Just-in-time (JIT) manufacturing is a term used synonymously with the Toyota Production System (TPS), the methodology that Lean manufacturing is largely based upon. The exact details of JIT’s origins are a bit unclear but can be traced back to post-World War II Japan. The term JIT is so interchangeable with TPS because it was during the 1970s that the Toyota Motor Company adopted the management system and played a key role in development.
In manufacturing companies must decide how to run their production system. The traditional choice was a push system in which production relies on a demand forecast, a prediction of what the rate of demand is. Production is then scheduled, and materials are ordered to meet the demand forecast. The push system can be beneficial in certain circumstances, but for the most part is an inefficient system. Predictions are hardly accurate and can quickly lead to overproduction, over-processing, waiting, and other wastes.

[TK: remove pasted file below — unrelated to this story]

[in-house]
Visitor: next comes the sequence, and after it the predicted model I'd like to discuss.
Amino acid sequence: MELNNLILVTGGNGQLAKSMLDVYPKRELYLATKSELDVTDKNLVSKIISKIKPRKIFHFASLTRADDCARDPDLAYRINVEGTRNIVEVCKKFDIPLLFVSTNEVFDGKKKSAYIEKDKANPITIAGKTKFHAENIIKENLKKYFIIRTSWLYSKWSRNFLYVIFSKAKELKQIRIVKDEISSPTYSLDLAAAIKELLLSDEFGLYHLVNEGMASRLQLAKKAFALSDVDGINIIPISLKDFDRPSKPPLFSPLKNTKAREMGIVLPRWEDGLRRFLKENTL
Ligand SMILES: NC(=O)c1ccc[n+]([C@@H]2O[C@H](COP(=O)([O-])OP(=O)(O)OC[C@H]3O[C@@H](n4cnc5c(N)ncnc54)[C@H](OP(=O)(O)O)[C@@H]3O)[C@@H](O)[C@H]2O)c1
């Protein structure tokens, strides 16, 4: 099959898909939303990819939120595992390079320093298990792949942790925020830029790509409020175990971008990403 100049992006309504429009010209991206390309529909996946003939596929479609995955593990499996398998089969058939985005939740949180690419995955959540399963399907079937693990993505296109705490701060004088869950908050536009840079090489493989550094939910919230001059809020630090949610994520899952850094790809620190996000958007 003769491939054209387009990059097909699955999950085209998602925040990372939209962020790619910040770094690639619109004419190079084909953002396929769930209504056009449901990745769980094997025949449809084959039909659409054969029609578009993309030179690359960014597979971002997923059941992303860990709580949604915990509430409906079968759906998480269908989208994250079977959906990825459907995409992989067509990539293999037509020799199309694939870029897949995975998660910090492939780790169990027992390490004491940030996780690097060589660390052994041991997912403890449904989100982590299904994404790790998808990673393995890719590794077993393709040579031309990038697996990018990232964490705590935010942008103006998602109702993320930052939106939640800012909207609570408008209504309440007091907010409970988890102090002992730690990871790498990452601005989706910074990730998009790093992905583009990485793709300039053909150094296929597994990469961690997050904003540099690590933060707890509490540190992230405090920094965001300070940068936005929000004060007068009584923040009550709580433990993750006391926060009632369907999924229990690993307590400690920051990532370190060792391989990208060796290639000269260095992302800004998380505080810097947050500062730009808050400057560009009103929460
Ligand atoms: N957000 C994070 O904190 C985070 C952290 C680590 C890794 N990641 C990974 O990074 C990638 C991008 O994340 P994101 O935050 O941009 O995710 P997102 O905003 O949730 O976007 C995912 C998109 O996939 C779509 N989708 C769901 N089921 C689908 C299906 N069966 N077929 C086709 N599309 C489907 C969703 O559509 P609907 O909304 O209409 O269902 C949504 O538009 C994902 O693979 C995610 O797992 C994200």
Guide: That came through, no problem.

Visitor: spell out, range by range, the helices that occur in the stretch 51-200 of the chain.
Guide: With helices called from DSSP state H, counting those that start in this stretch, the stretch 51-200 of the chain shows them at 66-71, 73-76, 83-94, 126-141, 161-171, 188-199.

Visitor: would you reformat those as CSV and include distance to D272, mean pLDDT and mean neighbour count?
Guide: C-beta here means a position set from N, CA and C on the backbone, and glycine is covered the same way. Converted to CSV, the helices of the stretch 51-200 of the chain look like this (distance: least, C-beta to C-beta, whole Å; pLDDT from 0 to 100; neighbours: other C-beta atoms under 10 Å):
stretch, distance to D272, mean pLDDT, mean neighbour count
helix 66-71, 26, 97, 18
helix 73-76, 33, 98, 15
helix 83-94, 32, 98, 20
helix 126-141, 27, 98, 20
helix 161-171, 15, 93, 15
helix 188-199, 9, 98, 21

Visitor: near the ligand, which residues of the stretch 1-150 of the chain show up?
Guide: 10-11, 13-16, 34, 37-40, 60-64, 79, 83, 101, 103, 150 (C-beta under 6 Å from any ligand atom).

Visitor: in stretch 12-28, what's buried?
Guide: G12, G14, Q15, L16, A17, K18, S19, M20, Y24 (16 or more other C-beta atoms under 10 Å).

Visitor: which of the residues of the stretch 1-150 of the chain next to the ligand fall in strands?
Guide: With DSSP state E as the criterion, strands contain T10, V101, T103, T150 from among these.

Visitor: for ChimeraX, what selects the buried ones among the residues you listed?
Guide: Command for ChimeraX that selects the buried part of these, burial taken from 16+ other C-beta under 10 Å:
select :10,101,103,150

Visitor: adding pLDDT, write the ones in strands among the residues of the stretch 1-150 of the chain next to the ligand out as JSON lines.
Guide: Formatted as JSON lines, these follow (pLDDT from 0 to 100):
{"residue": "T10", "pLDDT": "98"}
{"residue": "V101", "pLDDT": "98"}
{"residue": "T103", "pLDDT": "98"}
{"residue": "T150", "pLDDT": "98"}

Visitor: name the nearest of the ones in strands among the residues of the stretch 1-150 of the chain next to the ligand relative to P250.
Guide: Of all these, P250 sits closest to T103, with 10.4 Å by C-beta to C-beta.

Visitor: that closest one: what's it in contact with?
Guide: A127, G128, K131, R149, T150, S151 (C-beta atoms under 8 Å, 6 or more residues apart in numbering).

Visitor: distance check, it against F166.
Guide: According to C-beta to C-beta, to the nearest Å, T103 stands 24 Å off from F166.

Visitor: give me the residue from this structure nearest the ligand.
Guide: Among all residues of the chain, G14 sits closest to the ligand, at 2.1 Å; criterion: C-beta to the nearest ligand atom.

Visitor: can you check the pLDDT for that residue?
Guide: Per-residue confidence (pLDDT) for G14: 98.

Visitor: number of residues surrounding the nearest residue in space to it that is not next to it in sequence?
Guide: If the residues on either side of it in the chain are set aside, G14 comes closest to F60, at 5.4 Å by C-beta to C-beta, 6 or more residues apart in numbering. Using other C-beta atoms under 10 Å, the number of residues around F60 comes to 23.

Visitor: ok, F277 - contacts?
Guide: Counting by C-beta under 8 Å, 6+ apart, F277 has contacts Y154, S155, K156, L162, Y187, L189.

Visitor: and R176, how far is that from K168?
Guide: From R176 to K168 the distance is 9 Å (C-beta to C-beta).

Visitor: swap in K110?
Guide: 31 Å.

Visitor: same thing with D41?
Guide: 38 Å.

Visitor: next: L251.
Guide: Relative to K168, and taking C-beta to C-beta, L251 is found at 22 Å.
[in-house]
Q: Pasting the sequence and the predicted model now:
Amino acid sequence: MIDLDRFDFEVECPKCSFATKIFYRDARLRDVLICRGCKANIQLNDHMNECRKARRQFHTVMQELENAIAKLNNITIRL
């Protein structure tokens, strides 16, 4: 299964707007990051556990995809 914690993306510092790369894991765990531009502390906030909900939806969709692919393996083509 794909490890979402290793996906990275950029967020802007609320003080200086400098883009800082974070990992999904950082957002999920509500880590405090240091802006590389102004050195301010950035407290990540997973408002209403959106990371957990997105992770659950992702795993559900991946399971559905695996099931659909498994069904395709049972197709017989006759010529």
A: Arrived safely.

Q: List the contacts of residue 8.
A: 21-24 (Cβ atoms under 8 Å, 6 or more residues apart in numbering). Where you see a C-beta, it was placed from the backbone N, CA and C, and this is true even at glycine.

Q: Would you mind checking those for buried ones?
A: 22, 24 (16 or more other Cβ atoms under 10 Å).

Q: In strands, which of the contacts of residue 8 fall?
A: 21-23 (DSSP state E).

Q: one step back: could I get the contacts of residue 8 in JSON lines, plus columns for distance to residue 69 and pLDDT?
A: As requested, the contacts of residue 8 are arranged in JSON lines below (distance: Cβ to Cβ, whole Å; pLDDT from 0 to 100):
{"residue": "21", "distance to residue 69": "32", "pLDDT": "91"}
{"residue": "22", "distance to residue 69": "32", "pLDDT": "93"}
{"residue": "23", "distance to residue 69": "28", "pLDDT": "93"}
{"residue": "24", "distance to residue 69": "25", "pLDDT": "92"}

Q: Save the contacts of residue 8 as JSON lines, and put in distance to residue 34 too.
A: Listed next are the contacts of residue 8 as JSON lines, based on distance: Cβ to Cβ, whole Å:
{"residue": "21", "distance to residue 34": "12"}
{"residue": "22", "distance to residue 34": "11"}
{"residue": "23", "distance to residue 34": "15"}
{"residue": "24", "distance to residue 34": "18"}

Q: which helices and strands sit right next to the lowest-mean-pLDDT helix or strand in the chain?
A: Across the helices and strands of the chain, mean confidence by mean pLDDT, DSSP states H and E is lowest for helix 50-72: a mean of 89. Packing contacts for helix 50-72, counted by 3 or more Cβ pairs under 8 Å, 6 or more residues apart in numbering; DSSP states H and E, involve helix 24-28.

The JIT method is a type of system that is the opposite, a pull system Instead of forecasting demand, the production schedule is based on actual demand and only begins when a customer order is submitted. The goal is to keep inventory levels to a minimum while producing a quality product on time. Not only can you save costs on raw materials and avoid overproduction, JIT production lines saves costs on raw materials, eliminates the risk of overproduction, makes it easier to identify defects early on, and is more flexible to work with.
An identified disadvantage to a JIT system is the possibility of disruption in the supply chain. Many of the other strategies in the Lean toolbox, however, are focused on flow of production. Creating value stream maps, setting up a cellular layout, and going on a Gemba walk are just a few tools you can utilize to avoid disruptions and unplanned stoppages.